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Medically reviewed by Last updated on Aug 31, 2022.

What is pleurisy?

Pleurisy happens when the pleura becomes irritated or swollen. The pleura is a thin piece of tissue made of 2 layers. One layer lines the inside of your chest cavity, and the other surrounds your lungs. There is a small amount of fluid between the layers that helps them move easily when you breathe. When the pleura is irritated or swollen, the layers rub together as you breathe.

The Lungs

What causes pleurisy?

The cause of pleurisy is not always known. The following may cause pleurisy:

  • A viral infection, such as the flu
  • A bacterial infection, such as pneumonia or tuberculosis (TB)
  • An autoimmune disease, such as rheumatoid arthritis or lupus
  • A lung collapse or pulmonary embolism (PE)
  • Certain medicines
  • Trauma to the chest wall
  • Inflammation of the heart
  • Lung cancer

What are the signs and symptoms of pleurisy?

  • Sharp, stabbing pain in your side or lower part of your chest
  • Chest pain that gets worse when you cough, sneeze, or take a breath in
  • Shortness of breath
  • Pain when your rib area is touched
  • Fever or cough
  • Fatigue

How is pleurisy diagnosed?

Your healthcare provider will ask about your signs and symptoms. Tell him or her if you have traveled recently or been around anyone who is sick. Your healthcare provider will listen to your lungs as you breathe. You may also need any of the following:

  • X-ray, ultrasound, or CT pictures may be used to look for swelling or extra fluid in and around your lungs or between the pleura. You may be given contrast liquid to help your healthcare providers see the pictures better. Tell the healthcare provider if you have had an allergic reaction to contrast liquid.
  • Blood tests may show if there is an infection.
  • A sample of your sputum may be taken to test for an infection.
  • Pleural biopsy may be needed to rule out other conditions.

How is pleurisy treated?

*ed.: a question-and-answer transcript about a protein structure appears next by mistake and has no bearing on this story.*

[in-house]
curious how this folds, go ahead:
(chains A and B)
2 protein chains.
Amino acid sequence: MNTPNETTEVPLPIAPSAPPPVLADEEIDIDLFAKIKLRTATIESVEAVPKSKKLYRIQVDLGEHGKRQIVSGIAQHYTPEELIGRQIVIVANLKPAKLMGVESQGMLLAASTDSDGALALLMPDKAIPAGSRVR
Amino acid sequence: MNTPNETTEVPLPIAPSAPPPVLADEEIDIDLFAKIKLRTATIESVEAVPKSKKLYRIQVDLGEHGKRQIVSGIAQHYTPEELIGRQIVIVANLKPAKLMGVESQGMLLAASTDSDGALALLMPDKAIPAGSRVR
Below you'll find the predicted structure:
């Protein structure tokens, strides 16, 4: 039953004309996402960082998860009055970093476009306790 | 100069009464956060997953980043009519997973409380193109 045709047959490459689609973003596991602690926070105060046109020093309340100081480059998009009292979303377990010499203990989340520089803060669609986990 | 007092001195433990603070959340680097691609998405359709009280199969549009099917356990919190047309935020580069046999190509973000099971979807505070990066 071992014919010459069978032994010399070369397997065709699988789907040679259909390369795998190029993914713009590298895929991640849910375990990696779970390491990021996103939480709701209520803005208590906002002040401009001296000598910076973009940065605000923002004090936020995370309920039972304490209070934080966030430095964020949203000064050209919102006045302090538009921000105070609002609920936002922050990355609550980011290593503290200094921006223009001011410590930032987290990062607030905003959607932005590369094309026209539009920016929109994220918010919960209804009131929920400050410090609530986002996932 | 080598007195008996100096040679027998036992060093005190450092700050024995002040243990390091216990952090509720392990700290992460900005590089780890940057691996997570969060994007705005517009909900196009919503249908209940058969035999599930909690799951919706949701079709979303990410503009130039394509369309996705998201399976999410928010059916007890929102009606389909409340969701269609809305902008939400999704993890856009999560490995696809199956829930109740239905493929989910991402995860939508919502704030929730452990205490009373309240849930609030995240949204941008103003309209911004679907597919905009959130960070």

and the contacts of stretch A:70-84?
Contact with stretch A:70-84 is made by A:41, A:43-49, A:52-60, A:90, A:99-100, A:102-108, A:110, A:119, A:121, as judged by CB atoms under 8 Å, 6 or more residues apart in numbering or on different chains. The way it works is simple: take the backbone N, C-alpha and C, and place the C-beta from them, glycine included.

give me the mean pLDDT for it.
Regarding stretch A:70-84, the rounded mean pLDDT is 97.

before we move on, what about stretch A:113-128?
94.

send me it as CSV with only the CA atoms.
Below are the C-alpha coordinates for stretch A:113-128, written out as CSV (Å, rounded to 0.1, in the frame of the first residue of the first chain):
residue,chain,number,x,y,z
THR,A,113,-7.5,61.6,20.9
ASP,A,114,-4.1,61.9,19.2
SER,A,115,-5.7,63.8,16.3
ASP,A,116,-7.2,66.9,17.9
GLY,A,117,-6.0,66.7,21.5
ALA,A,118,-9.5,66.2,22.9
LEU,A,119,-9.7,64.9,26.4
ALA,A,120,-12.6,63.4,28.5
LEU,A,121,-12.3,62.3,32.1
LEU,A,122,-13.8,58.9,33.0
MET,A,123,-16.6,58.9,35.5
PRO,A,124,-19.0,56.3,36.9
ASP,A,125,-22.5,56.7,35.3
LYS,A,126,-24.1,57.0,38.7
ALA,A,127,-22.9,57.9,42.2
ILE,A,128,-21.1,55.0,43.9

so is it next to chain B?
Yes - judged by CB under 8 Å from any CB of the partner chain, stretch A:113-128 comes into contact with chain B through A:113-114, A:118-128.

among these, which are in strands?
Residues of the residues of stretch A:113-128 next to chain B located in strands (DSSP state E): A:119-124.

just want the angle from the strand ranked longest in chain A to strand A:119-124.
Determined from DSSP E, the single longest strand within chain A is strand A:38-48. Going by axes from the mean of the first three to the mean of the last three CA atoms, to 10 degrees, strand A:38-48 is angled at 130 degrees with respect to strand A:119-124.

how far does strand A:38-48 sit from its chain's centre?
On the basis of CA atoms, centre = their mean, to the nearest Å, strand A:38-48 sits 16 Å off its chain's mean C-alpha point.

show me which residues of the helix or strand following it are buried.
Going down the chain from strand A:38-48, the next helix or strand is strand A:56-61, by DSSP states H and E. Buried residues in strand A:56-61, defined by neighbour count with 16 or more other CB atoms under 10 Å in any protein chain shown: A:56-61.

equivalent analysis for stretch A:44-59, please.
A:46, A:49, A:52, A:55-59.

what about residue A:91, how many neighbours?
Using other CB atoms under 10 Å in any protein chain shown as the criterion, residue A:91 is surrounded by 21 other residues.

Treatment depends on the cause of your pleurisy and how severe your symptoms are. Your healthcare provider will treat the cause of your pleurisy. You may need any of the following:

  • Cough medicine helps decrease your urge to cough. A cough suppressant may help if a dry cough is causing your pain.
  • Antibiotics may treat pleurisy caused by bacteria.
  • Steroids may be given to decrease inflammation.
  • Prescription pain medicine may be given if other pain medicines do not work. Do not wait until the pain is severe before you ask for more medicine.
  • You may need extra oxygen if your blood oxygen level is lower than it should be. You may get oxygen through a mask placed over your nose and mouth or through small tubes placed in your nostrils. Ask your healthcare provider before you take off the mask or oxygen tubing.

Treatment options

The following list of medications are in some way related to or used in the treatment of this condition.

How can I manage my symptoms?

  • Find a comfortable position. You will need to rest to let your body heal. Find a position that allows you to decrease pain and breathe easier. You may find it comfortable to lie on the side that has the pleurisy. Change your position often to prevent complications, such as worsening pneumonia or a lung collapse.
  • Use pressure to prevent pain. Hold a pillow against your chest when you cough or take a deep breath.

How can I prevent pleurisy?

  • Get early treatment for conditions that cause pleurisy.
  • Do not smoke. Nicotine and other chemicals in cigarettes and cigars can cause lung damage. Ask your healthcare provider for information if you currently smoke and need help to quit. E-cigarettes or smokeless tobacco still contain nicotine. Talk to your healthcare provider before you use these products.
  • Ask about vaccines. Ask your healthcare provider if you should get a flu or pneumonia vaccine. These vaccines may prevent infections that cause pleurisy. The flu vaccine is given every year. The pneumonia vaccine is usually given every 5 years.

Call your local emergency number (911 in the US) if:

  • You have sudden, intense chest pain that feels different from your symptoms.
  • You are breathing fast, feel confused, or feel like you are going to faint.

When should I seek immediate care?

  • You cough up blood.
  • You feel more short of breath than usual.
  • Your lips or fingernails turn dusky or blue.

When should I call my doctor?

  • Your pain gets worse, even after treatment.
  • You have a fever.
  • You have questions or concerns about your condition or care.

Care Agreement

You have the right to help plan your care. Learn about your health condition and how it may be treated. Discuss treatment options with your healthcare providers to decide what care you want to receive. You always have the right to refuse treatment. The above information is an educational aid only. It is not intended as medical advice for individual conditions or treatments. Talk to your doctor, nurse or pharmacist before following any medical regimen to see if it is safe and effective for you.

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Further information

Always consult your healthcare provider to ensure the information displayed on this page applies to your personal circumstances.